Distinct target cell-dependent forms of short-term plasticity of the central visceral afferent synapses of the rat
Laboratory of Neurophysiology, Department of Neuroscience, Jikei University School of Medicine, Minato-ku, Tokyo 105-8461, Japan
BMC Neuroscience 2010, 11:134 doi:10.1186/1471-2202-11-134Published: 20 October 2010
The visceral afferents from various cervico-abdominal sensory receptors project to the dorsal vagal complex (DVC), which is composed of the nucleus of the solitary tract (NTS), the area postrema and the dorsal motor nucleus of the vagus nerve (DMX), via the vagus and glossopharyngeal nerves and then the solitary tract (TS) in the brainstem. While the excitatory transmission at the TS-NTS synapses shows strong frequency-dependent suppression in response to repeated stimulation of the afferents, the frequency dependence and short-term plasticity at the TS-DMX synapses, which also transmit monosynaptic information from the visceral afferents to the DVC neurons, remain largely unknown.
Recording of the EPSCs activated by paired or repeated TS stimulation in the brainstem slices of rats revealed that, unlike NTS neurons whose paired-pulse ratio (PPR) is consistently below 0.6, the distribution of the PPR of DMX neurons shows bimodal peaks that are composed of type I (PPR, 0.6-1.5; 53% of 120 neurons recorded) and type II (PPR, < 0.6; 47%) neurons. Some of the type I DMX neurons showed paired-pulse potentiation. The distinction of these two types depended on the presynaptic release probability and the projection target of the postsynaptic cells; the distinction was not dependent on the location or soma size of the cell, intensity or site of the stimulation, the latency, standard deviation of latency or the quantal size. Repeated stimulation at 20 Hz resulted in gradual and potent decreases in EPSC amplitude in the NTS and type II DMX neurons, whereas type I DMX neurons displayed only slight decreases, which indicates that the DMX neurons of this type could be continuously activated by repeated firing of primary afferent fibers at a high (~10 Hz) frequency.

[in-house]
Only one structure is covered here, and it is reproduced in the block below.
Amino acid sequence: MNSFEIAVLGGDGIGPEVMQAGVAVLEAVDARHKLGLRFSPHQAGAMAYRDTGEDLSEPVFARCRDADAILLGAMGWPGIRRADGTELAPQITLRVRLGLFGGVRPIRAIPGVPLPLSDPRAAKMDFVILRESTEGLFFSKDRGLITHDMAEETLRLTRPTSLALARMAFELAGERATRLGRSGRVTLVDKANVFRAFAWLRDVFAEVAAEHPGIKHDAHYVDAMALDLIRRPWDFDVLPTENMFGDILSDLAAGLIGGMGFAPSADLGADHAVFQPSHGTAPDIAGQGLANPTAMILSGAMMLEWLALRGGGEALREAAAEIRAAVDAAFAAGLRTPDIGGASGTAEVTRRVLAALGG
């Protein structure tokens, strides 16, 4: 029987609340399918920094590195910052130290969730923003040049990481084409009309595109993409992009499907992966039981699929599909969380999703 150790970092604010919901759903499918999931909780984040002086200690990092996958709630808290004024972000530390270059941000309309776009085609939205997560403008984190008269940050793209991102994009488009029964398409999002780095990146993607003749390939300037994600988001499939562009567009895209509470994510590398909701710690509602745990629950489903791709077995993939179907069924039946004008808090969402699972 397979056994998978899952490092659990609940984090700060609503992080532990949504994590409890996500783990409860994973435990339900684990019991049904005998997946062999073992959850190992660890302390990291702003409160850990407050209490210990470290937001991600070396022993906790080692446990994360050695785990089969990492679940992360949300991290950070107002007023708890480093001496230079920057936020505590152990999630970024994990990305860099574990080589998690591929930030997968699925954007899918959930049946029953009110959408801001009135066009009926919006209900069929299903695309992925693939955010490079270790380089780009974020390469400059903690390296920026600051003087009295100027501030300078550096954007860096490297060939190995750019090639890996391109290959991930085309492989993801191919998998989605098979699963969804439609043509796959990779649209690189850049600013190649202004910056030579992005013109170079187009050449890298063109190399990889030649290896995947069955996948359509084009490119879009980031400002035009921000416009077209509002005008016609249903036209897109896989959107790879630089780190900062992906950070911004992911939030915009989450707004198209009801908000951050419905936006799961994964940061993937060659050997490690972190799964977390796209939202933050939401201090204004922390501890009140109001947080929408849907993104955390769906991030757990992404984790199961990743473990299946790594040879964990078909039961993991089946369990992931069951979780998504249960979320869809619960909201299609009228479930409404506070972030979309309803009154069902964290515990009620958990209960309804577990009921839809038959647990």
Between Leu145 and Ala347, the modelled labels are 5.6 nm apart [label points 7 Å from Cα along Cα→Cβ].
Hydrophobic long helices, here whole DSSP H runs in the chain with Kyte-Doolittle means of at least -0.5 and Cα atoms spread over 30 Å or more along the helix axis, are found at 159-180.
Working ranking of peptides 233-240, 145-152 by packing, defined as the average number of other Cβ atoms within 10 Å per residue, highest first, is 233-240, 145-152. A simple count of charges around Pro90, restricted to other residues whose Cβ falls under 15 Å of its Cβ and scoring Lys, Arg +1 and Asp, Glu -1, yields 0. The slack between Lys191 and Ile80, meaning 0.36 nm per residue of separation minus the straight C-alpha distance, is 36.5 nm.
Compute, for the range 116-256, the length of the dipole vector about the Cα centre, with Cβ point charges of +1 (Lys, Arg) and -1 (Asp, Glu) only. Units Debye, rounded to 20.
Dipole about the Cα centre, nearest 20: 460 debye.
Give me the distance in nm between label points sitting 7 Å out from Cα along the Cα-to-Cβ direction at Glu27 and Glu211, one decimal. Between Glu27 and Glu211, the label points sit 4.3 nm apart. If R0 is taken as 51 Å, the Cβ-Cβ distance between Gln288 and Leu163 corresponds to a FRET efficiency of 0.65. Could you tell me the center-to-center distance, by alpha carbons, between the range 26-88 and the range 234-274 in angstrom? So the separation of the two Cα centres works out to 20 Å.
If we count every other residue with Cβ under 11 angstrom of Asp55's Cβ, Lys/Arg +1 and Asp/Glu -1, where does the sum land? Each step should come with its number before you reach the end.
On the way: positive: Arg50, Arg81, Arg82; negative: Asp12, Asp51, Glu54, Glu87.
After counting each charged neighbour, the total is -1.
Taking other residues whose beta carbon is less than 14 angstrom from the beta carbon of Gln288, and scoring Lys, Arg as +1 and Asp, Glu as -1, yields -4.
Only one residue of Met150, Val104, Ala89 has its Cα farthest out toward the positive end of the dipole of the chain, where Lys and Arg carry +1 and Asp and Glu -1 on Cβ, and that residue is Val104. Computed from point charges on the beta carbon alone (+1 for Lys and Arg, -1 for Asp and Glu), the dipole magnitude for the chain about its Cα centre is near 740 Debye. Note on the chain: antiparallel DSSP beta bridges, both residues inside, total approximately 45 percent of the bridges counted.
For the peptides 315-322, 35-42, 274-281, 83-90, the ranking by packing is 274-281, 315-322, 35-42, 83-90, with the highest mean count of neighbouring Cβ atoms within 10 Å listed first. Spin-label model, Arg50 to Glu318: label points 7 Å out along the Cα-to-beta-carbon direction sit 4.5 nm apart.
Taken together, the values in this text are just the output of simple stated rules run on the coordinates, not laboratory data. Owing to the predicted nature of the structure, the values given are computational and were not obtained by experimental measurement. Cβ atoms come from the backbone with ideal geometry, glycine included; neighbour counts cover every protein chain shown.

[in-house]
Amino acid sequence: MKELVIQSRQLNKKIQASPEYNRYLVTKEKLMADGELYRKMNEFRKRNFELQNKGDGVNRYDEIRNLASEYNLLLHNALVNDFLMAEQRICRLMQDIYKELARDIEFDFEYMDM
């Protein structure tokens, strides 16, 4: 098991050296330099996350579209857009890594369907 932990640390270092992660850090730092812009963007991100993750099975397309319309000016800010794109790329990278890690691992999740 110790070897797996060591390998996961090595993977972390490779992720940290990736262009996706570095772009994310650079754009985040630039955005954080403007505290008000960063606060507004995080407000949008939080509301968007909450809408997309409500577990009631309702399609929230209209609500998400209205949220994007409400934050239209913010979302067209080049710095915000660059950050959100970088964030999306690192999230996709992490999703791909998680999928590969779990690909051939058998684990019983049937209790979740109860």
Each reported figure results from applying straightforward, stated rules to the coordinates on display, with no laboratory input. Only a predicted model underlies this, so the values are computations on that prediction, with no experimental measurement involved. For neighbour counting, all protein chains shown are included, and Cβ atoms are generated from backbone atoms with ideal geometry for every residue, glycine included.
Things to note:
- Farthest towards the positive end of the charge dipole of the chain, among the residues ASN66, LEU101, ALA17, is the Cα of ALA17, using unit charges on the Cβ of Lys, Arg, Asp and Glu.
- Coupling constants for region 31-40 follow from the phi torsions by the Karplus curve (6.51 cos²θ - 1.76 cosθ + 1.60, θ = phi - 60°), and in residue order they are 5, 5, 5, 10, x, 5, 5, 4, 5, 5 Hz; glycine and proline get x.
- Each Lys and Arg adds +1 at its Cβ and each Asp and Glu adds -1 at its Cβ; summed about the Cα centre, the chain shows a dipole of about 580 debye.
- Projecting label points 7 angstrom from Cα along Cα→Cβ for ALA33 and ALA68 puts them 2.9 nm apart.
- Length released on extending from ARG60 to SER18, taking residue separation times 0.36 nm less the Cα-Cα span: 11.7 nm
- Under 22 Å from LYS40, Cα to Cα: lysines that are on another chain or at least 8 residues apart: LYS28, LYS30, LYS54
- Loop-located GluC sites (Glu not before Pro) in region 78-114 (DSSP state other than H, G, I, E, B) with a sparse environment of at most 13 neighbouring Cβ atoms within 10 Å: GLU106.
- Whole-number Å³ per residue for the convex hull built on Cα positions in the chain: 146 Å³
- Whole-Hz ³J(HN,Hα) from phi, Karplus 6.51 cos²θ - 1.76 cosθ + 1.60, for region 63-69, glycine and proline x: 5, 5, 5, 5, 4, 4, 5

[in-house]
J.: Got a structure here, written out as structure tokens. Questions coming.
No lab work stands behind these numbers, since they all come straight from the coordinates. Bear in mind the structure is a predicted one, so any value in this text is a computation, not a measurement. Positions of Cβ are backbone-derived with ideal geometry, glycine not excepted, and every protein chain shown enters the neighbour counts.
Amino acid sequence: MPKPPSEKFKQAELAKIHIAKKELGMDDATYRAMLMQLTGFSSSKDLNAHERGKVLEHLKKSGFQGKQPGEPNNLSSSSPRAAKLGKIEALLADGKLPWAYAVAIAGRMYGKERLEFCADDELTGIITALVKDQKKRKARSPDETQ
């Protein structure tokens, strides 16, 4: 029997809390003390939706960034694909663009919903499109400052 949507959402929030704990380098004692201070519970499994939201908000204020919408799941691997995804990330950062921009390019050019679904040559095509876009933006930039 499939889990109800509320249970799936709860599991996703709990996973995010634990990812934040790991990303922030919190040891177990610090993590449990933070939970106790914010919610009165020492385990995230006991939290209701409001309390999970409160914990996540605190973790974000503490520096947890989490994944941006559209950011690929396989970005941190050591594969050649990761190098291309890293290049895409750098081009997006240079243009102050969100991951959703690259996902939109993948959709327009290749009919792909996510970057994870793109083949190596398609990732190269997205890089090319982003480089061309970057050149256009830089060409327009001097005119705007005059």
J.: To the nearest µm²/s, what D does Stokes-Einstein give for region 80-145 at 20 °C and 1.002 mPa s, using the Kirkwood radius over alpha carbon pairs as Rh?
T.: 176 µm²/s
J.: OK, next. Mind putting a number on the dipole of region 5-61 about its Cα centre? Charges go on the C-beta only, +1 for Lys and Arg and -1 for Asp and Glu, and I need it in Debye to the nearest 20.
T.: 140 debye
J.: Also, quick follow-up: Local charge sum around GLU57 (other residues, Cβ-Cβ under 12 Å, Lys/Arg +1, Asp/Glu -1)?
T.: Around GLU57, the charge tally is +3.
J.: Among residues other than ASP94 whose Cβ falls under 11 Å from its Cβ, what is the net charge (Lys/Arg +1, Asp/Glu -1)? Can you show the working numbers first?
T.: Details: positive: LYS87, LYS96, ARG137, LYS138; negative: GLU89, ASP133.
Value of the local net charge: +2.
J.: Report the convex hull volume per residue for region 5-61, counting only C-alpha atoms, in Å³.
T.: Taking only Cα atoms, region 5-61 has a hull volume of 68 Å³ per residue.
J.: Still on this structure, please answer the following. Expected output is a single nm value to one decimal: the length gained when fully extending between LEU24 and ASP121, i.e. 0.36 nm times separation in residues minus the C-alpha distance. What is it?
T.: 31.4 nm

These two general types of short-term plasticity might contribute to the differential activation of distinct vago-vagal reflex circuits, depending on the firing frequency and type of visceral afferents.